Twenty Years Later, ‘Monster’ Remains a Superb Serial Killer Biopic


Biopics are hard. A person’s life, a complicated tapestry of paradoxes and grievances, surprises and delights, can be difficult to reduce into just two hours. The most successful, from my perspective at least, endeavor to work within microcosms, small standout moments that manage to effectively capture the essence of a person both before and after a given moment. For musicians, that might be a single, seminal show. For public figures, a particular crisis or turning point, maybe. Equally as important is the central performance. After all, biopics are Oscar bait. The past ten years saw six winners for Best Actor hailing from biographical dramas. For Best Actress, that number is smaller at three, though going back through the entire century, that number stands at eleven, almost half. Perhaps the most seminal of them all is Charlize Theron in Patty Jenkins’ Aileen Wuornos biopic Monster

Theron won the Oscar for her portrayal of Wuornos in 2003, a performance critics today still consider one of the most-deserved wins in the award’s history. It’s too easy to reduce Theron’s role there as another Hollywood A-lister gaining weight, wearing unattractive prosthetics, and slumming it for some gold. Yes, Theron looks the part, but unlike, say, Gary Oldman’s win for The Darkest Hour or Meryl Streep’s win for The Iron Lady, she doesn’t just look it. There’s a depth of tragedy to Theron’s Aileen Wuornos that remains inimitably absorbing. It’s an anguished, sympathetic role, one that never threatens to tip over into caricature.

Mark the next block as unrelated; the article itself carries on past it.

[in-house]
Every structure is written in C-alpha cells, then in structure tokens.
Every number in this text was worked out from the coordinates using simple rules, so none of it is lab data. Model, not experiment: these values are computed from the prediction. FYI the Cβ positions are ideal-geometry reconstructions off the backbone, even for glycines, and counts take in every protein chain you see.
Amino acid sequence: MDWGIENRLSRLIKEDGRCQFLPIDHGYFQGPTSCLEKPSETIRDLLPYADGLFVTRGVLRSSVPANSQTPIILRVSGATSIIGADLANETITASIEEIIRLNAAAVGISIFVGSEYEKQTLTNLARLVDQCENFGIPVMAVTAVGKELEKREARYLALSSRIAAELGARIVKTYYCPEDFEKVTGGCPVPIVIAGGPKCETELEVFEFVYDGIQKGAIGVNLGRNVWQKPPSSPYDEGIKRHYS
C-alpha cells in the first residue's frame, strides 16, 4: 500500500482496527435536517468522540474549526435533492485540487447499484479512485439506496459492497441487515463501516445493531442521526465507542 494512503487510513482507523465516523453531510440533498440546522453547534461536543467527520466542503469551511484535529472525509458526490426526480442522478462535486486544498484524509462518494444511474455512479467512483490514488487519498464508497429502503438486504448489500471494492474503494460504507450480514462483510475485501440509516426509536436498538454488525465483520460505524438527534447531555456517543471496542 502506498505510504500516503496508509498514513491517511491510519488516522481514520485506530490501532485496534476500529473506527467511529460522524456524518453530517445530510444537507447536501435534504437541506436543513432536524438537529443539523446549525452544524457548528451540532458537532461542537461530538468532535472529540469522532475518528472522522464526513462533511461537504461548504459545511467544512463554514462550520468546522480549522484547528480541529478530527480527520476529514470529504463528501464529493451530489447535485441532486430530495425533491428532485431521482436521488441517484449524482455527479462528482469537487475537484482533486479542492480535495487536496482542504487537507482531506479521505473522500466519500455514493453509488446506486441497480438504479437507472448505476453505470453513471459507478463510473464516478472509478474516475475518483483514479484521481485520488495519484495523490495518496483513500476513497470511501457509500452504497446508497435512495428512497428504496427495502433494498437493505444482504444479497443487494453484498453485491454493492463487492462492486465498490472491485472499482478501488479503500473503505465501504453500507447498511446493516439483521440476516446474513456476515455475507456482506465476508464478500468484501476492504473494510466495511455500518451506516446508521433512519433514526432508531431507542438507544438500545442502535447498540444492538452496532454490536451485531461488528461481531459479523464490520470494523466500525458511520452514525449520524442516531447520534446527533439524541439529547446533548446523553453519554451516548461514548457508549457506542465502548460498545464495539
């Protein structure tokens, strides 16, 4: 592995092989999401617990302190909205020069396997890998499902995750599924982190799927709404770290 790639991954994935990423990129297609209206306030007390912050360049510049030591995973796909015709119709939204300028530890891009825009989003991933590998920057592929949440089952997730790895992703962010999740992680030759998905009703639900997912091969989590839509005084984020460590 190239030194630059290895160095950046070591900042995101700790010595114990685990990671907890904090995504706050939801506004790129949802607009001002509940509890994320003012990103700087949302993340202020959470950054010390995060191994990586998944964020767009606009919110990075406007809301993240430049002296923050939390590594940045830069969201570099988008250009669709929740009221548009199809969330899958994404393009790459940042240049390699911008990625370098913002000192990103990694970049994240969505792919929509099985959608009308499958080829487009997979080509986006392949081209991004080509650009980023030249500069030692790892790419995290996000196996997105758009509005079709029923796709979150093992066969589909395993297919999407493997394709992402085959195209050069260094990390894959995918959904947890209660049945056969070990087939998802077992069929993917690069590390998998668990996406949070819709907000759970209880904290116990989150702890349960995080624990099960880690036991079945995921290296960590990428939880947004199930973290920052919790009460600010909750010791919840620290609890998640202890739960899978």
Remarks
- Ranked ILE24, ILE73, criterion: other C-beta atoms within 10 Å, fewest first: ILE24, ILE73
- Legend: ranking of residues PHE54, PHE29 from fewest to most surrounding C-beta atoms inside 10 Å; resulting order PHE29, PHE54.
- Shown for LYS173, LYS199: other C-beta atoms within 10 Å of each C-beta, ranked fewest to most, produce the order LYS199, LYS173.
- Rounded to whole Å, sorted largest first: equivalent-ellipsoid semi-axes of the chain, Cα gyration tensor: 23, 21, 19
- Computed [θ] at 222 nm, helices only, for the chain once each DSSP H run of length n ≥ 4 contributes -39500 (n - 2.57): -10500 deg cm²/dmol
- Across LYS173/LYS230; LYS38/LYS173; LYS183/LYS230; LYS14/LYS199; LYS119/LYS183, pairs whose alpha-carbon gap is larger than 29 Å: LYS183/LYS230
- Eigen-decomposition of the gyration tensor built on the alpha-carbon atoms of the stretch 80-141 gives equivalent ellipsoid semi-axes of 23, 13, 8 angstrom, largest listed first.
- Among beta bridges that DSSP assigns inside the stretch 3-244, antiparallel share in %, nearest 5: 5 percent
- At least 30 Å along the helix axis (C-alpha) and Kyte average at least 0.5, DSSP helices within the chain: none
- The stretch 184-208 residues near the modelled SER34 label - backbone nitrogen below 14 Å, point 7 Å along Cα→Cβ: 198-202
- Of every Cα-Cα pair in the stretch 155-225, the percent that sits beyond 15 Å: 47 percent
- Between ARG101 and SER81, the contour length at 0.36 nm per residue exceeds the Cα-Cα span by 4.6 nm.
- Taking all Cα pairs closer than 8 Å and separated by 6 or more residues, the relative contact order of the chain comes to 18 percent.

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Like I said, biopics are hard. Serial killer biopics—and, really, serial killer cinema in general—are another matter altogether. For every Zodiac or Henry: Portrait of a Serial Killer, there’s 2003’s Gacy or 2000’s Ed Gein. Horror filmmakers especially cull inspiration, if not outright mimicry, from real-life murders. The Strangers is a grab-bag of real crimes, including the Manson murders and the Keddie Cabin killings, and now infamously, The Texas Chain Saw Massacre is basically Ed Gein. Even Wes Craven’s Scream draws heavily from real tragedy, with its always-hidden-in-the-house Ghostface borrowing liberally from The Gainesville Ripper. 

It’s a difficult balancing act, acknowledging the culture’s innate fascination with true crime—especially in this decade with its true crime boon—while simultaneously ensuring a piece of media accomplishes more than tawdry, exploitative intrigue, the lowest common denominator. True crime series and documentaries rarely accomplish more, often regressively having little to say beyond, “Aren’t these killings grim?” In the case of Monster, which turns 20 this year, director Patty Jenkins and star Charlize Theron had considerably more to juggle.

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To cull from something more recent, Monster reminds me of Marc Meyers’ 2017 criminally underrated biopic My Friend Dahmer. That film, like the former, had a heinous criminal at its core. Cinema is supposed to be challenging, but with these real subjects, it can be difficult to maintain the requisite distance. How does one cultivate empathy without inviting identification? And is empathy even the right approach? What value is there in showing the grim descent into violence, upbringing notwithstanding? Lots of people have horrible lives. Not all of them are serial killers.